The latest version of SCIS Authority Files was made available via SCISWeb this week.
To update your SCIS Authority Files, you will need to log on to SCISWeb and then select the Authority Files tab from the navigation bar at the top of the page. From there you will be able to download the new Name and Subject Authority Files, ready for uploading into your Library Management System.
For more information about SCIS Authority Files, how to download them, and whether to select SCIS Full Authority Files or Reference only Authority Files, please see our Authority Files Help Page.
Implementation in Australian and overseas libraries is expected in mid 2011. Internationally, the National Library of Australia is working with the Library of Congress, British Library, and Library and Archives Canada to develop implementation strategies and coordinate implementation dates. Within Australia, the Australian Committee on Cataloguing is preparing a plan for implementation and training.”
As you are probably aware, on 1 January 2007 the expansion of the International Standard Book Number from 10 digits to 13 was implemented.
The 13-digit ISBN was implemented to make it compatible with EAN-13 barcoding standards, which means that the ISBN and the barcode are now able to be the same number. Formerly the barcode was usually a conversion of the 10-digit ISBN which appeared printed inside the book, but some publishers chose to use barcode numbers which did not relate to the ISBN in any way.
It is now standard for publishers to assign the same 13-digit number for both the ISBN and the barcode number, allowing SCIS users to conveniently scan it into the Orders page in SCISWeb to retrieve their records. However, SCIS users should be aware that books published in or before 2006 may have a barcode that does not relate at all to the ISBN, which may result in their records being unmatched when they try to download them in SCISWeb. Where this is the case, you will need to type the ISBN in manually in order to retrieve the correct SCIS record. Very rarely, recently published books may also be issued with barcodes that do not match the ISBN, although the standard has been widely adopted by most major publishing companies.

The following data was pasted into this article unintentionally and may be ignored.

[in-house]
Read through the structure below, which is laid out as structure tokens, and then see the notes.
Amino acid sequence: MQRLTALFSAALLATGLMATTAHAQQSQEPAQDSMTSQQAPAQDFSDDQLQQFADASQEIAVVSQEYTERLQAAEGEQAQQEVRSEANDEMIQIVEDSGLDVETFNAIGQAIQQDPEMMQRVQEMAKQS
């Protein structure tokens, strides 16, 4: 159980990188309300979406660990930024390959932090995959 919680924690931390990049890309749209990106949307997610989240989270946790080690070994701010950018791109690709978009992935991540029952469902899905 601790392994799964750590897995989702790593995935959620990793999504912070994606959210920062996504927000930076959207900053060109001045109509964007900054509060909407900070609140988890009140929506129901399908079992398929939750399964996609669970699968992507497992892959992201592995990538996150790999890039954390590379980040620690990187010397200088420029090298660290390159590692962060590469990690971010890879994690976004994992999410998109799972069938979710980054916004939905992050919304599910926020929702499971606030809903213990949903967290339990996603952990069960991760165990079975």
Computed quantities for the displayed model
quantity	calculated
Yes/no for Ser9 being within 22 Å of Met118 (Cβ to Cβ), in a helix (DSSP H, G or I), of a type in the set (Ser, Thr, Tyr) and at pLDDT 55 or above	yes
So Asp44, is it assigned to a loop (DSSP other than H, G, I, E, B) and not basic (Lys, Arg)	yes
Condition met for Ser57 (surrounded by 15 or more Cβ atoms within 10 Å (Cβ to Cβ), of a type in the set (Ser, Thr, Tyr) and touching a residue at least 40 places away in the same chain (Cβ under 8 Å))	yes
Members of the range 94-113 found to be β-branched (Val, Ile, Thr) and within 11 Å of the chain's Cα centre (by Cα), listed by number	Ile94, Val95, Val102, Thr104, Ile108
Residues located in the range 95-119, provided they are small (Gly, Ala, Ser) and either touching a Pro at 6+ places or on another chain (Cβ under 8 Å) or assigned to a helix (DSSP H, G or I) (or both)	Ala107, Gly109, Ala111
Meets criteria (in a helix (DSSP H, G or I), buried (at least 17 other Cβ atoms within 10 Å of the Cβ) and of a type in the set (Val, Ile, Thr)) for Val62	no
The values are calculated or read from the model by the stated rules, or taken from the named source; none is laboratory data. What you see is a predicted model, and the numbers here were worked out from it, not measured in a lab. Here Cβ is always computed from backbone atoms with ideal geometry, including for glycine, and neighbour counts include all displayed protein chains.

Currently, when ordering in SCISWeb, it does not matter whether you enter the 10- or 13-digit ISBN in your order – as long as it is the correct ISBN! SCISWeb will automatically convert the different ISBNs behind the scenes and retrieve the record. This is because all 13-digit ISBNs with the 978 prefix are able to be converted from from 10-digit ISBNs to 13-digit ISBNs and vice versa. Once all the numbers with a 978 prefix are used up, ISBNs will have a 979 prefix and will no longer have a 10-digit ISBN equivalent – making it impossible to convert them to a valid 10-digit ISBN. It also should be noted that the process of converting a 10-digit ISBN to an ISBN-13 does not simply require the numbers 978 to be added to the start of the old 10-digit ISBN. If in doubt, an online ISBN converter is freely available from the US ISBN Agency. If you haven’t already done so you may wish to reconfigure your barcode scanner to read ISBN-13.
You can also elect to have all ISBNs output in 13-digit format by changing your preferences in My Profile. Unfortunately, this conversion functionality is not available to those of you who download records via Z39.50 (also known as Rapid Entry or Z-Cataloguing). Because Z39.50 bypasses the SCISWeb interface to access the SCIS database directly without going through the SCISWeb interface, any import parameters (such as ISBN conversions) must be set up in the user’s local system.